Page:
Uber is shuttering its self-driving trucks unit, a beleaguered program borne out of the company’s controversial multi-million acquisition of Otto nearly two years ago. The company said Monday that Uber Advanced Technologies Group will stop development of self-driving trucks and instead focus its efforts on self-driving cars. “We recently took the important step of returning to public roads in Pittsburgh, and as we look to continue that momentum, we believe having our entire team’s energy and expertise focused on this effort is the best path forward,” Eric Meyhofer, head of Uber Advanced Technologies Group, said in an emailed statement. Uber Freight, a business unit that helps truck drivers connect with shipping companies, is unaffected by this decision. Uber Freight , which launched in May 2017, is designed for vetted and approved drivers, who can use it to find nearby available loads, see destination info, distance required and payment upfront. If the drivers like what they see, they can tap to book. Uber Freight, which started in three regions, is now available throughout the continental U.S. And it is considered a viable and promising business (and revenue opportunity) within the company. The business unit has expanded threefold in the past 15 months and has offices in San Francisco and Chicago. “Rather than having two groups working side by side, focused on different vehicle platforms, I want us instead collaborating as one team, according to an email reviewed by TechCrunch that was sent by Meyhofer to employees. “ I know we’re all super proud of what the Trucks team has accomplished, and we continue to see the incredible promise of self-driving technology applied to moving freight across the country. But we believe delivering on self-driving for passenger applications first, and then bringing it to freight applications down the line, is the best path forward. For now, we need the focus of one team, with one clear objective.” Uber’s self-driving trucks unit is based in San Francisco, while the team dedicated to self-driving cars is located in Pittsburgh. Uber says it will pivot employees focused on self-driving trucks to other work that supports its ongoing development of self-driving technology. If there isn’t a comparable role, Uber will offer relocation to Pittsburgh or a separation package to support the transition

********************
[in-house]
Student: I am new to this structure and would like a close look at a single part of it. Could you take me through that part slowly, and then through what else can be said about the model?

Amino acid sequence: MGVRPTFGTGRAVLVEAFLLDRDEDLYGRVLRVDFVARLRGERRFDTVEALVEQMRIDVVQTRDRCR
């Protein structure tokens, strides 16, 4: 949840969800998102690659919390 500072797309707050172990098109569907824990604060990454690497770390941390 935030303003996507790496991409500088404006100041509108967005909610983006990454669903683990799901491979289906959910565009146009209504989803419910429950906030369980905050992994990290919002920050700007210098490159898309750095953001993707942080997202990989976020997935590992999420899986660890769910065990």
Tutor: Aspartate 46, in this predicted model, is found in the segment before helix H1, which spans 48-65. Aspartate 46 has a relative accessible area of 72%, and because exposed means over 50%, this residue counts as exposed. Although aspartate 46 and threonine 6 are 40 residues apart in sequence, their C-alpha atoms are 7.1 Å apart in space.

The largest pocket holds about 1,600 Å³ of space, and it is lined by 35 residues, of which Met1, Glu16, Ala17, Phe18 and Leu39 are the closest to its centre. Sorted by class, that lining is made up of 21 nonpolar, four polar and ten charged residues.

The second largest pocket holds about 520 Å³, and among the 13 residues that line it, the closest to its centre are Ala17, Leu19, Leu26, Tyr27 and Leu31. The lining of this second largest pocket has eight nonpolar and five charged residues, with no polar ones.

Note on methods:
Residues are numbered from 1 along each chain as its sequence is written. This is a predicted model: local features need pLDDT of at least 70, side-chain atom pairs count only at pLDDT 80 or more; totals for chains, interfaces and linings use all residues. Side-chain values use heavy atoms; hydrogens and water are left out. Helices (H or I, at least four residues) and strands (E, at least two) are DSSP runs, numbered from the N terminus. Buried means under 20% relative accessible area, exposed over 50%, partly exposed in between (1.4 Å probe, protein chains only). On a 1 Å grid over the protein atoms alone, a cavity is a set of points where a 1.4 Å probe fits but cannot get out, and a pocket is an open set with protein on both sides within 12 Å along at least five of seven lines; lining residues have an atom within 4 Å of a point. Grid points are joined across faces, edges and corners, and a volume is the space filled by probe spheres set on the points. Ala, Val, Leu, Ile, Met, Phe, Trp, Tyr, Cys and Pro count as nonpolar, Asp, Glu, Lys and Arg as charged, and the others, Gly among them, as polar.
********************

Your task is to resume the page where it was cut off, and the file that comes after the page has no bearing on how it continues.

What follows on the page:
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ANGLR raises $3.3 million to create a Fitbit for fishing